Jeffrey Tilson Investopedia Interview
Recommendations like this are hard to make when we don't have a complete picture of your financial situation. Life Insurance is protection and should be used as that first and foremost. In my experience, someone selling gimmicky products and strategies are typically not suitable. Make sure you understand what the terms and commissions involved are as these types of strategies come with very large payouts to "advisors." Do your homework and be careful.
Hope that helps.
Thanks for the question. I have researched stock certificates throughout my career and it all comes down to research. There is nothing too formal about the research. Since the shares are not in your name you will want to determine if they are negotiable, meaning you can cash them in based on market value no matter the registration. A negotiable certificate will be signed on the back by the original share holder. If not, you will need to contact the registered owner of the certificates and have those shares transferred to your name. If the person is deceased and didn’t mention the shares in he/she will, then it may be problematic and you will want to gage the possible value before any serious action is taken.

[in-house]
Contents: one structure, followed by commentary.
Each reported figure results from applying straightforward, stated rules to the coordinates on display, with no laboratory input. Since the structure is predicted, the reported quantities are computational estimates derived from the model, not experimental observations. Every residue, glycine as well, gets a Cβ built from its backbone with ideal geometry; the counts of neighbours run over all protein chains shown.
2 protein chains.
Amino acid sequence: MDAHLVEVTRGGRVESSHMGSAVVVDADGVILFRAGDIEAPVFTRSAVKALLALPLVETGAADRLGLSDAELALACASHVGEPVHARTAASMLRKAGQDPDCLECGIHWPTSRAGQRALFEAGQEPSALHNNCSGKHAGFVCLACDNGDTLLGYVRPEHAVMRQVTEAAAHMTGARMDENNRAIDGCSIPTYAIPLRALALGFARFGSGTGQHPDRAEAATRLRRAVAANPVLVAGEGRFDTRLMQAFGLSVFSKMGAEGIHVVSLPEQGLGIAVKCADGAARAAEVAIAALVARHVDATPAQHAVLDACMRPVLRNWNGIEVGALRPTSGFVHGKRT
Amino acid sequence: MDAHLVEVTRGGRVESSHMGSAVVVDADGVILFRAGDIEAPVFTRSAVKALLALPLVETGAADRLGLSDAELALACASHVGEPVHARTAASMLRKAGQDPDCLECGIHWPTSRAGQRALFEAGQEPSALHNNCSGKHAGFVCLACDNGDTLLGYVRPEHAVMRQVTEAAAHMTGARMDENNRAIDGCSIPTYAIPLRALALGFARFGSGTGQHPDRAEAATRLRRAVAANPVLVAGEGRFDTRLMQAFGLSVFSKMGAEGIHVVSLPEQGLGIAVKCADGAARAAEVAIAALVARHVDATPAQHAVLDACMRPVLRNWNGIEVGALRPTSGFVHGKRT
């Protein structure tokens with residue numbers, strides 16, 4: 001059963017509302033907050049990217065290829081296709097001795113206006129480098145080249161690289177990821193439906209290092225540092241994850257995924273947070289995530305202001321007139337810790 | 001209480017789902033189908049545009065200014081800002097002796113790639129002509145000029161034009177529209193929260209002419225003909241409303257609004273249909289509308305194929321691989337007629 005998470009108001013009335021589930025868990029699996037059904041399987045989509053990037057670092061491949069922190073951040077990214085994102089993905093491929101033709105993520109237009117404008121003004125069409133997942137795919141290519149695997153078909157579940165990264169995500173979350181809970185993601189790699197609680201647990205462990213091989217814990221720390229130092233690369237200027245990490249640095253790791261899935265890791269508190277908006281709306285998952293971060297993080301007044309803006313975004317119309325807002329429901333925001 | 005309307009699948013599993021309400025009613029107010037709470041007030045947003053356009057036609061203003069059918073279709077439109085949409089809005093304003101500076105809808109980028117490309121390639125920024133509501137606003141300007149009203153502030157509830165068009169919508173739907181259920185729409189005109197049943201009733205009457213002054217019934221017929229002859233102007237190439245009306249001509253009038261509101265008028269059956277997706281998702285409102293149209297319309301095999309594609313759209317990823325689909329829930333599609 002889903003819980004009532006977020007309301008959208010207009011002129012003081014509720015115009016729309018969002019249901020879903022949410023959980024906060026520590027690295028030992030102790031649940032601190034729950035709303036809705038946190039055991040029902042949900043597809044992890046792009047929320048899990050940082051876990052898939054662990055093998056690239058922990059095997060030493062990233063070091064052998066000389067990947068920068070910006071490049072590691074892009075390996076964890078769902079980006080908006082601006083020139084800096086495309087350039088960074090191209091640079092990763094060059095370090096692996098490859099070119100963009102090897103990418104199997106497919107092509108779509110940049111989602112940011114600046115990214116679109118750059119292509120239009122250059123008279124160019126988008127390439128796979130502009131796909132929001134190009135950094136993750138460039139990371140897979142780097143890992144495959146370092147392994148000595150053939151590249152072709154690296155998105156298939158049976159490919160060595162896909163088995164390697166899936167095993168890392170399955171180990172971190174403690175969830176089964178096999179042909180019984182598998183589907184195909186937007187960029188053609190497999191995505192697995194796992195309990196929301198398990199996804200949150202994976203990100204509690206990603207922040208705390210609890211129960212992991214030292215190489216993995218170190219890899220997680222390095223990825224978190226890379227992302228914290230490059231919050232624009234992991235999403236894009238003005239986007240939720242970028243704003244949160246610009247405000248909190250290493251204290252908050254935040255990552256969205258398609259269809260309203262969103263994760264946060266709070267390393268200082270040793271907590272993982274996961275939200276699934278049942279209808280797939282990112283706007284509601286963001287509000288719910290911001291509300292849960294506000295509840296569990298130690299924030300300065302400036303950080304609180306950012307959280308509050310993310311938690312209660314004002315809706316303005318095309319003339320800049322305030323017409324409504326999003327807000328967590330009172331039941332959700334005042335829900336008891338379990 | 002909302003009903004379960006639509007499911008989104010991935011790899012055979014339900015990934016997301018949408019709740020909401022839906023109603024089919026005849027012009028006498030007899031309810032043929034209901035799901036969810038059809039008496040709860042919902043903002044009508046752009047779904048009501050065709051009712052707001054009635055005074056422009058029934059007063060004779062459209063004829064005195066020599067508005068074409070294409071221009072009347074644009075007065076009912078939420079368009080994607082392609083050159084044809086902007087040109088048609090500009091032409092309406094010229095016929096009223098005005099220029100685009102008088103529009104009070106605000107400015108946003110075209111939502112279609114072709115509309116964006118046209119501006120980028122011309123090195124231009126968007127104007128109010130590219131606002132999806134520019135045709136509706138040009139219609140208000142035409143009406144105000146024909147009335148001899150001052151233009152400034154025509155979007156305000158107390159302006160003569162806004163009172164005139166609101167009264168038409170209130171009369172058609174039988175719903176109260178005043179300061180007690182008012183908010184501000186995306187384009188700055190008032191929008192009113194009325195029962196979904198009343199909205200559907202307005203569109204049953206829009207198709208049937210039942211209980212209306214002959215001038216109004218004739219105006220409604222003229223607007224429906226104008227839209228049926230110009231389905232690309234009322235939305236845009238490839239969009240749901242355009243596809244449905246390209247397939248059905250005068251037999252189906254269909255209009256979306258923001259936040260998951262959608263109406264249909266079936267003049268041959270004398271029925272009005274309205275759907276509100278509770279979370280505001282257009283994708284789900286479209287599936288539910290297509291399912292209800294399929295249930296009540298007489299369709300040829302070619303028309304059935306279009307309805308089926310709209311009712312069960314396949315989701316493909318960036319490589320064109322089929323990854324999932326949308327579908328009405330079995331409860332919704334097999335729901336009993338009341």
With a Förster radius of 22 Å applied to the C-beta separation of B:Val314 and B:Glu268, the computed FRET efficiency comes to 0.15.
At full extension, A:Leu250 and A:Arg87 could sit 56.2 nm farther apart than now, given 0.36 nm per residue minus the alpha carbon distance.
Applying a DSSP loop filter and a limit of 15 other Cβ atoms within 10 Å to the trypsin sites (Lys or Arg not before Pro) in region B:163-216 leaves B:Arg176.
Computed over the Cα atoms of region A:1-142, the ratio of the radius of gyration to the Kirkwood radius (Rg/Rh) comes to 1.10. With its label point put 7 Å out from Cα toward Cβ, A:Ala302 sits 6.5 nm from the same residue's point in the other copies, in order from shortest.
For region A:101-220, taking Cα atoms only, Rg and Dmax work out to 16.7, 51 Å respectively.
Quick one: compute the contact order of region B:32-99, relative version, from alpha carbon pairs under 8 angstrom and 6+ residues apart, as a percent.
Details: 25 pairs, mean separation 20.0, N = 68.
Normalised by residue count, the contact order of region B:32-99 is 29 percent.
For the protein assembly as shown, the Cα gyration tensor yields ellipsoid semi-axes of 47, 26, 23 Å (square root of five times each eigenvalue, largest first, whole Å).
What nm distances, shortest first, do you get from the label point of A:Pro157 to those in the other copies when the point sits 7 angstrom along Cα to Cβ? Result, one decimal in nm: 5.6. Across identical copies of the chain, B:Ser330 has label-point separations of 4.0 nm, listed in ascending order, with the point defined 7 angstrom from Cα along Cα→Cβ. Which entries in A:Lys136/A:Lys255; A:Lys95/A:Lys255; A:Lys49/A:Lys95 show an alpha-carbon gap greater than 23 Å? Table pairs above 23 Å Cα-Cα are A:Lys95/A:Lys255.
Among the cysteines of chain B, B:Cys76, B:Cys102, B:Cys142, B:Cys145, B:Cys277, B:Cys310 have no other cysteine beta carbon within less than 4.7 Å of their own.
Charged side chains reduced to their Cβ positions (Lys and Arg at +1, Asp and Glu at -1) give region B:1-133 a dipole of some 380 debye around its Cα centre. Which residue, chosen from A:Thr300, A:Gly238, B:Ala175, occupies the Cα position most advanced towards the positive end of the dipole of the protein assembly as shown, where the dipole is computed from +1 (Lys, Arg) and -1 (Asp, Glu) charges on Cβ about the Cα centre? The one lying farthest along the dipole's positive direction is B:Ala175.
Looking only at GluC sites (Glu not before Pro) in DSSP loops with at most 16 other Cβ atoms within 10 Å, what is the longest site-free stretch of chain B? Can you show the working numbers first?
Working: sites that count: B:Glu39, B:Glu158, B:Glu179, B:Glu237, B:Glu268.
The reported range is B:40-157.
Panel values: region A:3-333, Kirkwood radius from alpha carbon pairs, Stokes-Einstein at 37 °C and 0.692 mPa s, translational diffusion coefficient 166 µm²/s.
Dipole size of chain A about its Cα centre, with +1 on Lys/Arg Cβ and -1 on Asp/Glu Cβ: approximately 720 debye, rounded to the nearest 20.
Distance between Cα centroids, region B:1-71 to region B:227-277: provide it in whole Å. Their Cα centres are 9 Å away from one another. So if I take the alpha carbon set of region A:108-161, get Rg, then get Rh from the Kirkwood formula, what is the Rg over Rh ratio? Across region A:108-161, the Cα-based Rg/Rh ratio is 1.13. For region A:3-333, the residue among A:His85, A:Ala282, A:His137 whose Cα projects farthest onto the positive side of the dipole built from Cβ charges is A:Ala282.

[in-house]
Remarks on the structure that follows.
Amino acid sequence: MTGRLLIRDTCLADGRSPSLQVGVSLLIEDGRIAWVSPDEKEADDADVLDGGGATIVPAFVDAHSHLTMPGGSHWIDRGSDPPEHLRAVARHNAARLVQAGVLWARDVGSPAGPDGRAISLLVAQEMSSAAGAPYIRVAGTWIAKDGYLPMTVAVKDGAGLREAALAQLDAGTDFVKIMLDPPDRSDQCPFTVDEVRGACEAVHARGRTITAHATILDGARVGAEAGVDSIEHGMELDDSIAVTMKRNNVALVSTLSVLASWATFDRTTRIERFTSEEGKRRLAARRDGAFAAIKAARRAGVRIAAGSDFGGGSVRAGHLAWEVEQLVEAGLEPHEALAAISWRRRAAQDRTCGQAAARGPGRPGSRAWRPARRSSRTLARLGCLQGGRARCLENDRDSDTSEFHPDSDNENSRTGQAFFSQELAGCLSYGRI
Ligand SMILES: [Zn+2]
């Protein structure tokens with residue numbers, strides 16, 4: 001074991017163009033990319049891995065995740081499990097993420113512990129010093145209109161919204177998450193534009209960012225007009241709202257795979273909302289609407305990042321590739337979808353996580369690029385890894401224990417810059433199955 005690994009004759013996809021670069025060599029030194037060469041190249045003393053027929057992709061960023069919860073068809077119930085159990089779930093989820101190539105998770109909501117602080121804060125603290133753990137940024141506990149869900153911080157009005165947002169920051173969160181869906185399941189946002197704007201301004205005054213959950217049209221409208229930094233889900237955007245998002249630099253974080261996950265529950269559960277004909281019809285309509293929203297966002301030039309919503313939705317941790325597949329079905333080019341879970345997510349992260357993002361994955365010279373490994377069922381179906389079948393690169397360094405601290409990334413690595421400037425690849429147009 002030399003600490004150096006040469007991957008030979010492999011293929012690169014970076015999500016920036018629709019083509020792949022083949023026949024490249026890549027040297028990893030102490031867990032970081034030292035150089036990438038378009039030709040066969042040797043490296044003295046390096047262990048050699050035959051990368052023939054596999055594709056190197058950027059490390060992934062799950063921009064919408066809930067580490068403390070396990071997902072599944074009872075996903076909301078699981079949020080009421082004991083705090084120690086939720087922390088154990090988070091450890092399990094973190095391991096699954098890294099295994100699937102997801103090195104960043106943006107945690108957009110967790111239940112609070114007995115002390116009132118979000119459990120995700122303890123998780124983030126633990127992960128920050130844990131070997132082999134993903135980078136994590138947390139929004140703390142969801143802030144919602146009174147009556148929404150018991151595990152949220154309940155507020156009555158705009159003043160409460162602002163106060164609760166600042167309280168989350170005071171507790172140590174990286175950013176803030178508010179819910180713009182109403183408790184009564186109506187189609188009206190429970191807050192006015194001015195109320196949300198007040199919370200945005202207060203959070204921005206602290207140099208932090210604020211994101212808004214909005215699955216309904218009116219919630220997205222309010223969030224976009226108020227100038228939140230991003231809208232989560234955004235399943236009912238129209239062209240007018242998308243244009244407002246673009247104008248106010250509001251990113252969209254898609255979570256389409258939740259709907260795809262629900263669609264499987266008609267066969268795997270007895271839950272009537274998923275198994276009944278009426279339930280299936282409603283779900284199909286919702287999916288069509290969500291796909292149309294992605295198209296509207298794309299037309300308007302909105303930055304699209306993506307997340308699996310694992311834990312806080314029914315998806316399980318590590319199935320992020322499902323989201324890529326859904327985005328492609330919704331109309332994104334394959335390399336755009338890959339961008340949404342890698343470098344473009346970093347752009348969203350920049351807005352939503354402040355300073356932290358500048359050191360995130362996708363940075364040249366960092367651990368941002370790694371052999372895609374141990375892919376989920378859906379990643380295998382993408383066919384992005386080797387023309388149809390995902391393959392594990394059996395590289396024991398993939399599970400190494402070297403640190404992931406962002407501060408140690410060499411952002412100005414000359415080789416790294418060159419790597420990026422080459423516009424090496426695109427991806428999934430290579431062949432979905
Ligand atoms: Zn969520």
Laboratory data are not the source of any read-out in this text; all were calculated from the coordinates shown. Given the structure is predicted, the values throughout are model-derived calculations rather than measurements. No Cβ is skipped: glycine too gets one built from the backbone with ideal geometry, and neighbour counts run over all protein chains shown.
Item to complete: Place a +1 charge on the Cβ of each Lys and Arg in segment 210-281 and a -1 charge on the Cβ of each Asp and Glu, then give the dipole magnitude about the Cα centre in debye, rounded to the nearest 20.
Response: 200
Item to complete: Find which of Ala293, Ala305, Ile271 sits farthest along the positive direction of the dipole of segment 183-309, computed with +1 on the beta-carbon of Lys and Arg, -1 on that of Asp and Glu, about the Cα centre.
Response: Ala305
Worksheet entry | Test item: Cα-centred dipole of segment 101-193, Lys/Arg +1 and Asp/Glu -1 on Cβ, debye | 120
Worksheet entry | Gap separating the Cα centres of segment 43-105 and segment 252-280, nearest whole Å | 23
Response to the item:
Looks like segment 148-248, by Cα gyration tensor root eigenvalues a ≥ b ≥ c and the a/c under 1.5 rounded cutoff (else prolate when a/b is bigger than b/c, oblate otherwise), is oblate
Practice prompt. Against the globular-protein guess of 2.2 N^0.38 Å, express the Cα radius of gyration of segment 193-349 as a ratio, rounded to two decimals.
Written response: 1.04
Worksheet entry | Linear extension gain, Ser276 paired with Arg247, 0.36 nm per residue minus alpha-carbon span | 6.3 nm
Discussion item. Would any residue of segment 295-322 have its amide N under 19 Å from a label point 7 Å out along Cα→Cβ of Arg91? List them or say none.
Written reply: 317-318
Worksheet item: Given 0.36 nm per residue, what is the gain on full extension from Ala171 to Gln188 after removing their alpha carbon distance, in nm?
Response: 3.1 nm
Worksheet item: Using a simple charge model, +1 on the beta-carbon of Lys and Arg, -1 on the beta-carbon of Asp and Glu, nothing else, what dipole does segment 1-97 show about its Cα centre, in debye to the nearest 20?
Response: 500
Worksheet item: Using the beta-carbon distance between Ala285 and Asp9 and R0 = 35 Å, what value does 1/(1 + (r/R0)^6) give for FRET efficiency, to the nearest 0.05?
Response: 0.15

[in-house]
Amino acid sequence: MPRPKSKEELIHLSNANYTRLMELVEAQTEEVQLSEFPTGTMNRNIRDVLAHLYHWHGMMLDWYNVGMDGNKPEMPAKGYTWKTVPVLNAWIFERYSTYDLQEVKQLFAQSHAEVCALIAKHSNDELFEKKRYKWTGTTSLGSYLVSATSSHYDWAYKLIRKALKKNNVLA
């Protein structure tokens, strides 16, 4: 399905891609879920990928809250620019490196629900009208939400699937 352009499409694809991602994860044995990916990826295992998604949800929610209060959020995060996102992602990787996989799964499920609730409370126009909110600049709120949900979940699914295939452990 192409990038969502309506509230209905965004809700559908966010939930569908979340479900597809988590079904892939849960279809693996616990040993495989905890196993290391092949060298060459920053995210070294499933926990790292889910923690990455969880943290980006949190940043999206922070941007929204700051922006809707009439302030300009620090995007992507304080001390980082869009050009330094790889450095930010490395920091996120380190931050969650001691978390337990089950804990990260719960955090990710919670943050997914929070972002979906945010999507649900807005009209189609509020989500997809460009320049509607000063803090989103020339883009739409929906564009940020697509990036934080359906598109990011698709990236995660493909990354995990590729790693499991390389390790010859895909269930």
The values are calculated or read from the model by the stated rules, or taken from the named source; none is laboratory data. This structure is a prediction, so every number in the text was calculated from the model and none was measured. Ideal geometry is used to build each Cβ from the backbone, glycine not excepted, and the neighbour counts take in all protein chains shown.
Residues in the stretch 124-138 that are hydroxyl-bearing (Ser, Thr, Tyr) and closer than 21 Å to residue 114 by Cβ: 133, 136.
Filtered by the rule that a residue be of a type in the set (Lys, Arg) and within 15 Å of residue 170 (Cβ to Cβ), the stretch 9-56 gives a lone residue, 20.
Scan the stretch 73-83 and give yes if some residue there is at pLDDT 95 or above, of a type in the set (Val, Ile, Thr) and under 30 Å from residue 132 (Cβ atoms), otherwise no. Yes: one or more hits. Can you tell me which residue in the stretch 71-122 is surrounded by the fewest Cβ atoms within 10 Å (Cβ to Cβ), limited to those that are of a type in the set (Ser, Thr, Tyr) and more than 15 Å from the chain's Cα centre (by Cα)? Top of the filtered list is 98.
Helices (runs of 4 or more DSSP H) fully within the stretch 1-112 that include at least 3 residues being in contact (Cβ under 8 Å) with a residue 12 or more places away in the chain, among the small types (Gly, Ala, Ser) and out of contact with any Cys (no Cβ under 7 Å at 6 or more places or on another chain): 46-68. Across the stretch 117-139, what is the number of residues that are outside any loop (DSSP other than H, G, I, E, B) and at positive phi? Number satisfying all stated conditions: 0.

Since the stock shares are old and in certificate form, you will have to do the research legwork first to get a valuation. This can start with locating the name of the transfer agent somewhere on the certificate. More then likely the name of the company has changed and the transfer agent has as well. Computershare is a transfer agent that holds a great amount of old company shares and may be a good resource for you. http://www.computershare.com/us Other then that, keyword search on google.com the transfer agent and company name.
A good financial advisor may be able to assist you in the search as well. Typically, the FA’s back office has access to records and other tools to help you with your search.
Hope this helps and good luck on your search!
This question will need more details to be answered appropriately. A few things to think about are your cost basis, including improvements, and whether you want to or can use 1031 exchange to defer the tax bill with acquiring another property. This would be a great discussion with your tax advisor that knows your individual circumstances.